A good Government for the country is more important than Corn Laws or any other consideration; and as long as Sir Robert Peel possesses the confidence of the Queen and the public, and he has the strength to perform the duties, his administration of the Government must be supported.

My own judgment would lead me to maintain the Corn Laws.

Sir Robert Peel may think that his position in Parliament and in the public view requires that the course should be taken which he recommends; and if that should be the case, I earnestly recommend that the Cabinet should support him, and I for one declare that I will do so. (Memorandum by Wellington, 30 November 1845 Peel Memoirs by Sir Robert Peel vol 2 p 198-200).

This presents a far more nuanced and sophisticated appreciation of the situation than Wellington’s critics at the time, or many subsequent writers, have attributed to him.   He wished to maintain the Corn Laws as long as possible, although his reference to their ‘premature’ repeal suggests that he did not suppose that they could be defended forever.   And he was quite clear that ‘if it is necessary to suspend the Corn Laws, to avoid real evils resulting from scarcity of food, we ought not to hesitate’.   But, like Goulburn and a majority of the cabinet, he did not believe that repeal was either necessary or particularly helpful in dealing with the immediate crisis in Ireland; and he argued that if it was deemed necessary but not urgent, it should be delayed as long as possible, so that the government’s supporters would have time to recognize the necessity and be reconciled to it.   However, in the last resort, he was willing to bow to Peel’s judgment and let him have his way, for the sake of maintaining the existing government.   He also made the point – albeit only in passing – that as an agricultural economy and large supplier of grain to England, Ireland would suffer considerably in the long run from the abolition of the Corn Laws.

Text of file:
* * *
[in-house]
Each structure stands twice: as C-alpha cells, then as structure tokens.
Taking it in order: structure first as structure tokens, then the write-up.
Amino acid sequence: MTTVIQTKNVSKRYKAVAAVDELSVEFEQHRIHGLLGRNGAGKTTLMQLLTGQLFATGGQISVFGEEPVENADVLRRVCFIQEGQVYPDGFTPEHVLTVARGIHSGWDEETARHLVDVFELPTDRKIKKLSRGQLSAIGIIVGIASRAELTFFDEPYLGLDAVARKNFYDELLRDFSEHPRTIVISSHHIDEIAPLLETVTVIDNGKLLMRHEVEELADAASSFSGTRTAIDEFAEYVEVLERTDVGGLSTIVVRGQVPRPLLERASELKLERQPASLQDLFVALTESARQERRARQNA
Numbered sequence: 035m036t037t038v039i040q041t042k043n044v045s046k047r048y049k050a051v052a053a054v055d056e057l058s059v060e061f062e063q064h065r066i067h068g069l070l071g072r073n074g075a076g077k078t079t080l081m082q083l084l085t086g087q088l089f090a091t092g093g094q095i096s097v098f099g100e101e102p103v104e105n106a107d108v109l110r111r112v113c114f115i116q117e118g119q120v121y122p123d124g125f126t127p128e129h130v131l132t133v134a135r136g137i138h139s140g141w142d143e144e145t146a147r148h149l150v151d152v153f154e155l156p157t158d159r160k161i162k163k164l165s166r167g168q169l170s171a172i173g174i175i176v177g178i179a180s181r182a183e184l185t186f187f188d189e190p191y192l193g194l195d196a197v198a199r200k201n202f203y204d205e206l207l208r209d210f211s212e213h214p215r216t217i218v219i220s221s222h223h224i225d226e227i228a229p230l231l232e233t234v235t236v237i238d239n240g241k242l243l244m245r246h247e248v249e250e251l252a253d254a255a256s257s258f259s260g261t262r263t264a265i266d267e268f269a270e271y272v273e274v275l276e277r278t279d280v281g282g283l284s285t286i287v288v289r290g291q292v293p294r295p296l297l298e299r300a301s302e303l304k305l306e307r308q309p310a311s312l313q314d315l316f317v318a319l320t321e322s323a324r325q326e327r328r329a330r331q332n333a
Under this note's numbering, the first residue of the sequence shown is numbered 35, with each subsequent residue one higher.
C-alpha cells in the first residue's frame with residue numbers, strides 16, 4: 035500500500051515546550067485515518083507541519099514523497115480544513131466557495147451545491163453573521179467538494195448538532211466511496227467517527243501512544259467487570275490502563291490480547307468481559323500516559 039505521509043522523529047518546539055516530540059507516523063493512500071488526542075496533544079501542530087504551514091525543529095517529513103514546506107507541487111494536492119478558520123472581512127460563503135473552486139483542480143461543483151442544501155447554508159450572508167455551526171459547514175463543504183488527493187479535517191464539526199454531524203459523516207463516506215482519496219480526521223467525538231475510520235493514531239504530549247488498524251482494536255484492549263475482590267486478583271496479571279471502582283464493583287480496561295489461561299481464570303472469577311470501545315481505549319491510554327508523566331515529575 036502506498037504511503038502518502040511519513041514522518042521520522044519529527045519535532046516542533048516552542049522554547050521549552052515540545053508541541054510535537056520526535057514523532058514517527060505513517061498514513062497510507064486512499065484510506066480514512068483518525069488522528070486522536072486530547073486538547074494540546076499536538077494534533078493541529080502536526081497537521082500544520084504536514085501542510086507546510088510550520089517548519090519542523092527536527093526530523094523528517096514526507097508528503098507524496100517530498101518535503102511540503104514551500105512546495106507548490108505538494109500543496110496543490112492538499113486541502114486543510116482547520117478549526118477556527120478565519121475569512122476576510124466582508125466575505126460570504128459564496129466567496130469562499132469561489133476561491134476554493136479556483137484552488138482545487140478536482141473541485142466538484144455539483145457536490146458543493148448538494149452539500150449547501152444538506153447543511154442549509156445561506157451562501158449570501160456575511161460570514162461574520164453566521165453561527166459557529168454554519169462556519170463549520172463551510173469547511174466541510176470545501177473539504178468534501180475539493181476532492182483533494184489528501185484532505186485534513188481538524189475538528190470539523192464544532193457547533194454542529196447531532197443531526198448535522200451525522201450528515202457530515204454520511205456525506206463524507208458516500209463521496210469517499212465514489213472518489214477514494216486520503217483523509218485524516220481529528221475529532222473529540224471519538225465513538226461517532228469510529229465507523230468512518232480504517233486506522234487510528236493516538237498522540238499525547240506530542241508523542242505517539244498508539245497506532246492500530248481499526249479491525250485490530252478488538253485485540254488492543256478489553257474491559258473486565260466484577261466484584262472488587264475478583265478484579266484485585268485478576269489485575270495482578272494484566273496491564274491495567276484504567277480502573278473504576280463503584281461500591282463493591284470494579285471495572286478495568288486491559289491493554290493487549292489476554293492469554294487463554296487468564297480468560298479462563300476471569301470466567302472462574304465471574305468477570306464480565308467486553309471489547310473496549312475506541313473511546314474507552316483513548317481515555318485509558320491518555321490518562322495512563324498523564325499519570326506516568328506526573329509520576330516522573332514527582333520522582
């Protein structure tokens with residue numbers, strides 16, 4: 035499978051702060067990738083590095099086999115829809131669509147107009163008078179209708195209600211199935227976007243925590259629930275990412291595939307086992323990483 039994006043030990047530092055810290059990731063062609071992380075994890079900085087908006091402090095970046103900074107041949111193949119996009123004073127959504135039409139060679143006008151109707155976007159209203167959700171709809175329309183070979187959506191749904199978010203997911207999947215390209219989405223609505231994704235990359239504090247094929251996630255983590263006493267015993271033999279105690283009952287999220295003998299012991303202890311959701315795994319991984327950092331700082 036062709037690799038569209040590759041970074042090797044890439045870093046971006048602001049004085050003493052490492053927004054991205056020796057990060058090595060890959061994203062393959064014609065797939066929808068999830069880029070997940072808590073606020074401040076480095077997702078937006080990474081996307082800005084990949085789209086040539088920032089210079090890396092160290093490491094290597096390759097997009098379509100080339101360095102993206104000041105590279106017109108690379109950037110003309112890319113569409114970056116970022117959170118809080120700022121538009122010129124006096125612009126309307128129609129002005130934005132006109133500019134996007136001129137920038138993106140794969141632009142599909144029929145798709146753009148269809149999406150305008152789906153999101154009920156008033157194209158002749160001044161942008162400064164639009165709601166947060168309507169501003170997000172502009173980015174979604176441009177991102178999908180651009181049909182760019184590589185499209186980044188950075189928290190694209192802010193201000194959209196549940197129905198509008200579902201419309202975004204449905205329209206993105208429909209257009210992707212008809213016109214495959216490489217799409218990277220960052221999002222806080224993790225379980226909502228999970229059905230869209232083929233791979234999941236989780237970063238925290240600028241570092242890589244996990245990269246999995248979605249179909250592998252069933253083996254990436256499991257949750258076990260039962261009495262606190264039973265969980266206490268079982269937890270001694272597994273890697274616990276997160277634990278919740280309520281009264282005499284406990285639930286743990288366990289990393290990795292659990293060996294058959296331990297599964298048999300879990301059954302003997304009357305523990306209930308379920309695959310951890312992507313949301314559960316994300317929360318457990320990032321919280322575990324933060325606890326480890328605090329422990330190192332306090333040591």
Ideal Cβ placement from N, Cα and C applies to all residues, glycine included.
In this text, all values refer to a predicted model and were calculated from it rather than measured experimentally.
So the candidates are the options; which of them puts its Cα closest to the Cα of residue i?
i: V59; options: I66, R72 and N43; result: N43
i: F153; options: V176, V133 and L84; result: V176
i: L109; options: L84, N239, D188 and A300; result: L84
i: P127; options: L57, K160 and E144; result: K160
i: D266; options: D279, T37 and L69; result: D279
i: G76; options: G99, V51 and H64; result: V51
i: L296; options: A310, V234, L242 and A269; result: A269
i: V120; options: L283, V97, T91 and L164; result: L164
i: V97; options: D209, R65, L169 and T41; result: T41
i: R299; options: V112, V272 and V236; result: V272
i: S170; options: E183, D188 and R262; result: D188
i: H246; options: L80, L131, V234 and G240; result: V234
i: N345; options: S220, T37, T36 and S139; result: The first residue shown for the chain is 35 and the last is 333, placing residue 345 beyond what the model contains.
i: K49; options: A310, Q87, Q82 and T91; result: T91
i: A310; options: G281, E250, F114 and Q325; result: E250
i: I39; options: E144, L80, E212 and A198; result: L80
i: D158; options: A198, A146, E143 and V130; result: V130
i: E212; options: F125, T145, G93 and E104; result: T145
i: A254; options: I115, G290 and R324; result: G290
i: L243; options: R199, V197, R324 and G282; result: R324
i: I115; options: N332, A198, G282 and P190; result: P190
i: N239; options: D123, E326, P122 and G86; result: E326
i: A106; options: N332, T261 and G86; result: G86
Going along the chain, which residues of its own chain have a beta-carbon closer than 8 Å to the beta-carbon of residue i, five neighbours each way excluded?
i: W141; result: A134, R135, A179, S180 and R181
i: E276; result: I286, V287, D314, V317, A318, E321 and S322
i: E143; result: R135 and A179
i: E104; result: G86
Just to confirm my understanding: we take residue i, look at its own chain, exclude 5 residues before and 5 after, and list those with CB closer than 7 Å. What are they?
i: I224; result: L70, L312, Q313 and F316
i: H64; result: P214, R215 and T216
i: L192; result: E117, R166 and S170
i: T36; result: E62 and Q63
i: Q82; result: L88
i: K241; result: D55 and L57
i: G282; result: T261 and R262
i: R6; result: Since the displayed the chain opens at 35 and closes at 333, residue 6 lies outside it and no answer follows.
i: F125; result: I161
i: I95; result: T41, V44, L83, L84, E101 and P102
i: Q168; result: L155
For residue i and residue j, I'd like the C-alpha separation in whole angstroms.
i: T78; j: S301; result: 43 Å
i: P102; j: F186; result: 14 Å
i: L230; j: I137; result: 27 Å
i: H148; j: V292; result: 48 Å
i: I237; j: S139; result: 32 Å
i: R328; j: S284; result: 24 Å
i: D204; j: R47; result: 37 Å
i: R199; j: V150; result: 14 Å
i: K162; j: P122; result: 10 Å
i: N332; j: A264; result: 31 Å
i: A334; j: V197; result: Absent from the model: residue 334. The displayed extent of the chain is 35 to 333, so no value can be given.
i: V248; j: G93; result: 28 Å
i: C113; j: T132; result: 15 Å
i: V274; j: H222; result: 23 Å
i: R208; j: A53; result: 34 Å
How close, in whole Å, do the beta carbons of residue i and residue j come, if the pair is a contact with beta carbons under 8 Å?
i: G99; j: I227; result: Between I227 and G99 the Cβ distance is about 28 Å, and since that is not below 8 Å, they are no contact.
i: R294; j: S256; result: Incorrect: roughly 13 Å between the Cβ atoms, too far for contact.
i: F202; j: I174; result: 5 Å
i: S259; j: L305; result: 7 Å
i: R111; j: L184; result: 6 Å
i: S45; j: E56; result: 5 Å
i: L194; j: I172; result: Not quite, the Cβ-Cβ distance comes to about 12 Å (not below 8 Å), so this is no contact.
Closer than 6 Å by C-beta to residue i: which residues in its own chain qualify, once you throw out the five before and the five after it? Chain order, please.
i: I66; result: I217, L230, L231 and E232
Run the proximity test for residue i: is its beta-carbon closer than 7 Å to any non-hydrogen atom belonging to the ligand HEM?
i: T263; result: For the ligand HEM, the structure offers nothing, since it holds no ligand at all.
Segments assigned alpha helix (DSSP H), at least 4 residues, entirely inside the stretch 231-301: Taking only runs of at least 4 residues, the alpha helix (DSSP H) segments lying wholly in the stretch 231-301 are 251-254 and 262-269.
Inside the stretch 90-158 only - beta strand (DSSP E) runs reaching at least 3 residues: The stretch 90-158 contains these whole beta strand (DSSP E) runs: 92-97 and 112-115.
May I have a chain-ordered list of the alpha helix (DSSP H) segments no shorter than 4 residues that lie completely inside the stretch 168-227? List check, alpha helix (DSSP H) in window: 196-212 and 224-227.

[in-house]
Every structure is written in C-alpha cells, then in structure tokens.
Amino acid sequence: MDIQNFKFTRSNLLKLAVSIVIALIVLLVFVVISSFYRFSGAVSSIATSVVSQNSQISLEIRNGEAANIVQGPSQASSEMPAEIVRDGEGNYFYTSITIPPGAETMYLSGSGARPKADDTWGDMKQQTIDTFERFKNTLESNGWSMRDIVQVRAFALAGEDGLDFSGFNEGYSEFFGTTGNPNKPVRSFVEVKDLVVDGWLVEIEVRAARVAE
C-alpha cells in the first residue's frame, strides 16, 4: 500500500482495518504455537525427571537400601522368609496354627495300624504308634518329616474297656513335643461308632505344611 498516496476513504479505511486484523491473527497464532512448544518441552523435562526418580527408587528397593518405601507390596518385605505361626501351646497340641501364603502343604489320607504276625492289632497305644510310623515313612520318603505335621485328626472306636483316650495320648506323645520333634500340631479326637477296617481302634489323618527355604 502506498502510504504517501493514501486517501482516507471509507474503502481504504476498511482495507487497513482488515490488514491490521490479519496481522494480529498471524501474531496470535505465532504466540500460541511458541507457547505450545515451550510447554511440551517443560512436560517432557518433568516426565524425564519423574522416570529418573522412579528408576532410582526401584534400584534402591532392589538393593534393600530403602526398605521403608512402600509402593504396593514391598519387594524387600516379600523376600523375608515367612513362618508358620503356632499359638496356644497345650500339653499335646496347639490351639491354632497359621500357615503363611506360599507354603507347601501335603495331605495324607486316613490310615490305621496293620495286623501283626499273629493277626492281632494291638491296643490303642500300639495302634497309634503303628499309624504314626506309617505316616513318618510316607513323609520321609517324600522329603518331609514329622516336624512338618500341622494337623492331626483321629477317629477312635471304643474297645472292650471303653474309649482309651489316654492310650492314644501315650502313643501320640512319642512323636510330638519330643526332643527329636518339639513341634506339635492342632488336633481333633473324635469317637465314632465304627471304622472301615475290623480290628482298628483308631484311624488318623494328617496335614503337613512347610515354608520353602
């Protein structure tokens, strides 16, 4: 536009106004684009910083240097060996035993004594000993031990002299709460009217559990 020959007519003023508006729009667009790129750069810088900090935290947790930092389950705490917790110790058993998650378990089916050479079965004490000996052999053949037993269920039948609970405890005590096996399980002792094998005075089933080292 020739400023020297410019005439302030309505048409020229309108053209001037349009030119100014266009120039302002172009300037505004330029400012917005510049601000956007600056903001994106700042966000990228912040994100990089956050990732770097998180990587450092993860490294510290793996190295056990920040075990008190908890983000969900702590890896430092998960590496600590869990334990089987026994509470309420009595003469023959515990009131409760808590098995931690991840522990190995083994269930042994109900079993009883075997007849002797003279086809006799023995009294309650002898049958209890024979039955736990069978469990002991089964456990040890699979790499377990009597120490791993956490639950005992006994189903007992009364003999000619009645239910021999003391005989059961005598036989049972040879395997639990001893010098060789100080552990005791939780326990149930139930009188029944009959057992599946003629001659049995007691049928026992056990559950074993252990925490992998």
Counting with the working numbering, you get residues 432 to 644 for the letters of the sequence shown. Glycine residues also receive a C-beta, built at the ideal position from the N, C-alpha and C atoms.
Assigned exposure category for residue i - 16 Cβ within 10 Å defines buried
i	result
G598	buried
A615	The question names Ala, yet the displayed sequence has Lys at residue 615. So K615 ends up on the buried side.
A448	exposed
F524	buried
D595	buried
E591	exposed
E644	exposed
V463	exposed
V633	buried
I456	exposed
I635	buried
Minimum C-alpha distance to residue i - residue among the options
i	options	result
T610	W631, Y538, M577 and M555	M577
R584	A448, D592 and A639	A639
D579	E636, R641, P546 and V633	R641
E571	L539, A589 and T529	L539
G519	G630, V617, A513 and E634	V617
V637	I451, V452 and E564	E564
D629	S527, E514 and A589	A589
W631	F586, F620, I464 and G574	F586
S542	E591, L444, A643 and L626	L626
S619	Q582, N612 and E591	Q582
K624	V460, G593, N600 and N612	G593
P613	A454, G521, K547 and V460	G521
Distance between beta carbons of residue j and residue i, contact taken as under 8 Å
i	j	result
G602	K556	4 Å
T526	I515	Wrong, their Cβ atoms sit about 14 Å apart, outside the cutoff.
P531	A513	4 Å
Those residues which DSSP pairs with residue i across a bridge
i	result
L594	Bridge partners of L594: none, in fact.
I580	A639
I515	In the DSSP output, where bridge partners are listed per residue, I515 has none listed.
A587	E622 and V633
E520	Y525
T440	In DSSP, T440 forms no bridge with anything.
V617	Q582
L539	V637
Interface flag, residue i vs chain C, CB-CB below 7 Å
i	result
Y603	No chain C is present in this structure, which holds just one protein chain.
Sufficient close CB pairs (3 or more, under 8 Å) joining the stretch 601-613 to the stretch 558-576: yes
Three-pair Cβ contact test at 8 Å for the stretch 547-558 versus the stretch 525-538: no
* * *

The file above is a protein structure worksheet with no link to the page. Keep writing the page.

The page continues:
Wellington and the famine in Ireland:

Wellington believed that Peel over-reacted to the problems in Ireland: in December 1845 he told Croker that ‘The foundation of the Corn Law difficulty is the apprehension of the consequences of the potato disease, the nature of which is misapprehended, and their account greatly exaggerated.’ (Wellington to Croker, 14 September 1845 Croker Papers vol 3 p 42-43). In September 1846 he told Sir Edward Knatchbull that, ‘He had done everything in his power to open Peel’s eyes – that he never saw a man in such a state of alarm – he was hardly himself – the potato disease seemed to occupy his whole mind. Sir James Graham seemed to have frightened him.’ (Quoted in McLean ‘Wellington and the Corn Laws’ p 233).   And Greville wrote that, ‘The Duke says, “rotten potatoes have done it all; they put Peel in his d____d fright”; and both for the cause and the effect he seems to feel equal contempt.’ (Greville Memoirs (ed Strachey & Fulford) 13 January 1846 vol 5 p 282-3). But this does not mean that he was indifferent to the risk of famine in Ireland, or that he disapproved of action to avert it.   As early as 30 November 1845 he wrote that ‘if it is necessary to suspend the Corn Laws, to avoid real evils resulting from scarcity of food, we ought not to hesitate.’ (Memorandum by Wellington, 30 November 1845 Peel Memoirs by Sir Robert Peel vol 2 p 198-200). He told Croker in December that he did not believe that there was an actual scarcity of food in Ireland – thanks to the abundant harvest of oats – but that the real difficulty lay in the social system which meant that so much of the population had no money to buy food if the crop of potatoes they grew themselves failed. (Wellington to Croker, 14 September 1845 Croker Papers vol 3 p 42-43). While on 4 January 1846 he told Lord Salisbury, ‘that which was required for Ireland was the organization of the means to find employment for those in want of food. This, it is true is likely to be expensive, but still practicable.’ (Wellington to Salisbury, 4 January 1846 in Herbert Maxwell Life of Wellington vol 2 p 344-8 quote on p 345).